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Personalities of the Buddhist Suttas

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[215] At the top, Beggars, of those of my Beggars who is well regarded as a friend of the gods is Pilinda-vaccho

Pilinda-vaccho

[devatanam piyamanapanam, PIYA> Gothic: frijon; Old High German: Fria; English: Friday, Friend]

(DPPN: He was a brahmin of Savatthi, born before the Buddha's Enlightenment. Pilinda was his personal name, Vaccha being that of his family. He became a recluse and learnt the Cula-Gandhara-vijja [A Magic Charm supposed to enable invisibility, flying through the air, passing through obstacles, polly-presence, and touching the moon and sun.] but, when the Buddha appeared, the charm refused to work. Having heard that the Maha-Gandhara [Cula = Lesser; Maha = Greater] prevented the working of the Cula-Gandhara and having concluded that the Buddha knew the former, he entered the Order at the Buddha's suggestion, in order to acquire it. The Buddha gave him exercises in meditation, and he became an arahant.

The Vinaya Pitaka (Vin. I. 204) mentions that on several different occasions Pilinda suffered from various ailments and the Buddha had to give permission for the provision of suitable remedies. Once Bimbisara [King of Magadha, married to the sister of King Pasenadi of Kosala whose son Ajatasattu allied with Devadatta, who convinced him to murder his father for the throne. Ajatasattu later repented and visited the Buddha who declared that the magnitude of his deed was the only thing that had prevented him from gaining a foothold in the Dhamma.] found Pilinda clearing a cave in order to provide a cell for himself. The king promised to build a monastery for him if he could obtain the Buddha's sanction. The permission was obtained and was reported to the king, but he forgot the matter until one hundred days later. On remembering, he made ample amends, gave Pilinda five hundred attendants to look after the monastery, and granted for their maintenance a village, which came to be called Aramikagama or Pilindagama. One day, while in the village for alms, Pilinda went into a house where a girl was weeping because the day was a feast-day and she had no ornament to wear, her parents being too poor to afford any. Pilinda gave her a roll of grass to put round her head and it turned instantly into solid gold. The king's officers, hearing of this wreath, suspected the family of theft and cast them into prison. The next day Pilinda, discovering what had happened, visited the king and convinced him of his iddhi-powers by turning the whole palace into gold. The family was released, and the king and his courtiers gave to Pilinda large quantities of the five medicaments, all of which Pilinda distributed among those who wished for them.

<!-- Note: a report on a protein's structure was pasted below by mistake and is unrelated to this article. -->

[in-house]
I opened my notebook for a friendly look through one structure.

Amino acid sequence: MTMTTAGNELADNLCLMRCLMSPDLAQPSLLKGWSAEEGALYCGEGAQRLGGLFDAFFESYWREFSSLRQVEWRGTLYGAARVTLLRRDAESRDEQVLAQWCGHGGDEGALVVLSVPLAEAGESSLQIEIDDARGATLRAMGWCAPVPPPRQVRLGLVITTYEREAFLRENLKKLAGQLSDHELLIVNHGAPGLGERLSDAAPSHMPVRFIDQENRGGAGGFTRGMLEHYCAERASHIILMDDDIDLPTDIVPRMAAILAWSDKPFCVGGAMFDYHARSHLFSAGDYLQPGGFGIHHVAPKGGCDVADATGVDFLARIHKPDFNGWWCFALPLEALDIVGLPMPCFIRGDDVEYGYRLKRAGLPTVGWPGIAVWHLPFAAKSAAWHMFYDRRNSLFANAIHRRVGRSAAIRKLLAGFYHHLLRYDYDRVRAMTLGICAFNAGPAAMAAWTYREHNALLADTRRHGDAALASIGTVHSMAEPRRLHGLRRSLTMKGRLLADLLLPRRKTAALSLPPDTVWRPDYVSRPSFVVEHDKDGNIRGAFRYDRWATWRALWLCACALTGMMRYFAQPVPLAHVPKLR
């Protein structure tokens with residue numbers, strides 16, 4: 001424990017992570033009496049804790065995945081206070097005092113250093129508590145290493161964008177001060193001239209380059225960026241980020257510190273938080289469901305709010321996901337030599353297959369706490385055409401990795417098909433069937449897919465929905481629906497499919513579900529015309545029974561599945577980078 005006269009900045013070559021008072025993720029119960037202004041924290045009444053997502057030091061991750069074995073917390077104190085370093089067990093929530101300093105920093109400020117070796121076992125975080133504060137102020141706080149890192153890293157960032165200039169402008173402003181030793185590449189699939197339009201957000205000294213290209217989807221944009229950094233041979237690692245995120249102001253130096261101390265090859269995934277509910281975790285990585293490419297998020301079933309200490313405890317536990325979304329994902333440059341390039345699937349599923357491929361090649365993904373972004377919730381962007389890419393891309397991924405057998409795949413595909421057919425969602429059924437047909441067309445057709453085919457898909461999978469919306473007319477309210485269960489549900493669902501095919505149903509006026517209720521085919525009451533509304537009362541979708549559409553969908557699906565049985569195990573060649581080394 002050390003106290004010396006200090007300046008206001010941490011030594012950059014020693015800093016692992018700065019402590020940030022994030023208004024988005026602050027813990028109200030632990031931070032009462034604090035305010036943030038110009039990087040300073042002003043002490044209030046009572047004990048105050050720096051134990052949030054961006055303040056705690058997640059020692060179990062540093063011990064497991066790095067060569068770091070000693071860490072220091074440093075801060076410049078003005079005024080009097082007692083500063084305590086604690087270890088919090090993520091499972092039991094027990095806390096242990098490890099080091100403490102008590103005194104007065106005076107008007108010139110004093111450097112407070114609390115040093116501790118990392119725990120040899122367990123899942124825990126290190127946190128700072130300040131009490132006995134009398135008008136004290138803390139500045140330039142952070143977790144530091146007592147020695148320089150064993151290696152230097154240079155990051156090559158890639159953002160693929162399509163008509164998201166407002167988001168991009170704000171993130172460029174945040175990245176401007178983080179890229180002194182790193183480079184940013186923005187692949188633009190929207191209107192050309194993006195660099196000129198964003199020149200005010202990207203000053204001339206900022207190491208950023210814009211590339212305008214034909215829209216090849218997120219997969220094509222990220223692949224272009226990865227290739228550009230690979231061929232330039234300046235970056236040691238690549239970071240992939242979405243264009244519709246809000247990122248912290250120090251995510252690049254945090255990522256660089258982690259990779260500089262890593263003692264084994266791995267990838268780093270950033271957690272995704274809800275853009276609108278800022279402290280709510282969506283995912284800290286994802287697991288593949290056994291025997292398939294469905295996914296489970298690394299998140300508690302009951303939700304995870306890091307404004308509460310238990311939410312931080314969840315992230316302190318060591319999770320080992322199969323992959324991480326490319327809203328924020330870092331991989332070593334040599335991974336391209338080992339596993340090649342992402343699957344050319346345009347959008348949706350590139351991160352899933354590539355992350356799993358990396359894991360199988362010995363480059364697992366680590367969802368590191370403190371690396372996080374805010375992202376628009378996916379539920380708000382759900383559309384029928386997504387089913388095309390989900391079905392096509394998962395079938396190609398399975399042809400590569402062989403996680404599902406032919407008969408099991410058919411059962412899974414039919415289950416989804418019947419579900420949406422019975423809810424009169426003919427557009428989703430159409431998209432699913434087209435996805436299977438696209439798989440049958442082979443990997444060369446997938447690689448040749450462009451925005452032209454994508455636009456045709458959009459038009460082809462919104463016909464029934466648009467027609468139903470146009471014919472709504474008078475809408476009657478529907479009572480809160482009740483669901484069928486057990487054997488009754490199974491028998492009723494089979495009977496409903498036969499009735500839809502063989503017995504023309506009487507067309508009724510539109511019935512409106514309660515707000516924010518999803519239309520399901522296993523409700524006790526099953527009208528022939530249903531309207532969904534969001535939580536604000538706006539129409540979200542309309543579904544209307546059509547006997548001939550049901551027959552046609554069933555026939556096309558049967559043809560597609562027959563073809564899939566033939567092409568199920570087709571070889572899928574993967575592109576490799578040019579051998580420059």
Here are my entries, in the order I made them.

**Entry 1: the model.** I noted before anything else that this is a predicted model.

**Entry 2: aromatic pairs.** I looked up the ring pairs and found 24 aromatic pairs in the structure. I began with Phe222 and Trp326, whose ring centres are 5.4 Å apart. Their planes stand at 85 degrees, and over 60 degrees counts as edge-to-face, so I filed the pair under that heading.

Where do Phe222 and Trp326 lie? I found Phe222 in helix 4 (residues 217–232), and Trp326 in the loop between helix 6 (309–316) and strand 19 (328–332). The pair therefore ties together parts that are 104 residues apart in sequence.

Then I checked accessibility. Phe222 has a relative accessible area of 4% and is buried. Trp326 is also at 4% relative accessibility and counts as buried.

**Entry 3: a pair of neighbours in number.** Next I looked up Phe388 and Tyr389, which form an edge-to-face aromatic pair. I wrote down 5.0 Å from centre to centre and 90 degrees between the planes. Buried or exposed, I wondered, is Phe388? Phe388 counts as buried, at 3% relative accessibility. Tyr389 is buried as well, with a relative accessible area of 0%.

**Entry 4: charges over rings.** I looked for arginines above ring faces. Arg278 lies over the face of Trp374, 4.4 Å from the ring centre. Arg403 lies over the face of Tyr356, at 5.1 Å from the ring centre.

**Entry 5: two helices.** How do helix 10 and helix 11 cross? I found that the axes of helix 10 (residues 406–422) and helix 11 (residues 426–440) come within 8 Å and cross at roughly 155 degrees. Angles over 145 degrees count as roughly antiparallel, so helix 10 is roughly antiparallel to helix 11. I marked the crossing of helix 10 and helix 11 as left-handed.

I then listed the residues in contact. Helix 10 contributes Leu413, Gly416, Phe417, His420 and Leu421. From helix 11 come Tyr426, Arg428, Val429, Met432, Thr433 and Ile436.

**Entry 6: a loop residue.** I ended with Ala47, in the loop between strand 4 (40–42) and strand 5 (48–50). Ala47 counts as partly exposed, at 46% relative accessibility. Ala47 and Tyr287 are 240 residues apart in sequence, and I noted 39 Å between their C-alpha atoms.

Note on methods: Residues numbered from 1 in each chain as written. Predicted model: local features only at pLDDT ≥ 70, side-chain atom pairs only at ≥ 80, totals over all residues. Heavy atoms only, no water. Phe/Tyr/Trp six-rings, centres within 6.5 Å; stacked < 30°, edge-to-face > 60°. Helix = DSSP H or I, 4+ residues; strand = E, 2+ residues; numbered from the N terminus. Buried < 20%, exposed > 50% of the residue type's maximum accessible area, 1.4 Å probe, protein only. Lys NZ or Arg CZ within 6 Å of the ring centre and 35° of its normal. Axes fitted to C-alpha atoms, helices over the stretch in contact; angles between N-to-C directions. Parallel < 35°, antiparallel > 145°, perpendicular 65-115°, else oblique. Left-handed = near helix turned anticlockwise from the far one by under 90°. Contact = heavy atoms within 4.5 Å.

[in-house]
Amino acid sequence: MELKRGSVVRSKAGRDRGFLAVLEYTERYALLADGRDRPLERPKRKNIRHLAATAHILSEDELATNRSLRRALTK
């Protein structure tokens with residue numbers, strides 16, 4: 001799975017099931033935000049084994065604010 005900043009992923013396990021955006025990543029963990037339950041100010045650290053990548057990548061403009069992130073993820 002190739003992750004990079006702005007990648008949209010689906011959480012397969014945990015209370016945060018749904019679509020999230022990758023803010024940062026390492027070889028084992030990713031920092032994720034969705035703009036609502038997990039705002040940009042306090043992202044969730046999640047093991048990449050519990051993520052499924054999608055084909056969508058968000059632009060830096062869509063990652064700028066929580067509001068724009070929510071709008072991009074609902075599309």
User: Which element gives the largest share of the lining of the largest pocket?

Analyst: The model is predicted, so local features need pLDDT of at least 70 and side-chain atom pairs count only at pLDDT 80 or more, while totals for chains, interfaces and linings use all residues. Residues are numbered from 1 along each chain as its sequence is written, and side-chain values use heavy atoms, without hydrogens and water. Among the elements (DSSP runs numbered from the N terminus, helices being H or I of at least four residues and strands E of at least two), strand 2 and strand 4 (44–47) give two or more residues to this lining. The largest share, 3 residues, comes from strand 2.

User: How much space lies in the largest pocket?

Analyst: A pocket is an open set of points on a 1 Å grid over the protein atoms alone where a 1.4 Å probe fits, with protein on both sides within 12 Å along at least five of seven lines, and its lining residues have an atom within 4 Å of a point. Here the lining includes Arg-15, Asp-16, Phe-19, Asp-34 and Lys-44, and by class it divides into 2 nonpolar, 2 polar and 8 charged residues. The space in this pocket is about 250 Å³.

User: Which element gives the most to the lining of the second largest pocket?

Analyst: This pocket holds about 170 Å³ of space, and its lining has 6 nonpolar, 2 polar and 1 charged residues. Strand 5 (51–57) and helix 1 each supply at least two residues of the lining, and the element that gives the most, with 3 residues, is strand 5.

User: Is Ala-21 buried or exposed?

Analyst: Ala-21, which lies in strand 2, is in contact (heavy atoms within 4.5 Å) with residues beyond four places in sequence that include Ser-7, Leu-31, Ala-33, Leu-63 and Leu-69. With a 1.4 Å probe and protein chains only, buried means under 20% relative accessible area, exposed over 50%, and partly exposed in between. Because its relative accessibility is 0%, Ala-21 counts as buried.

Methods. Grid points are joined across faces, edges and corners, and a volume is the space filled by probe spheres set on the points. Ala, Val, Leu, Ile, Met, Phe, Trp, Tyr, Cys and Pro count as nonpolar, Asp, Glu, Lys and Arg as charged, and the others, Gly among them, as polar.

... he suffered from neither heat nor cold, dust did not adhere to his body, and the rain did not wet him.

From The Psalms:

O welcome this that came, nor came amiss!
O goodly was the counsel given to me!
'Mong divers doctrines mooted among men
Of all 'twas sure the Best I sought and found.


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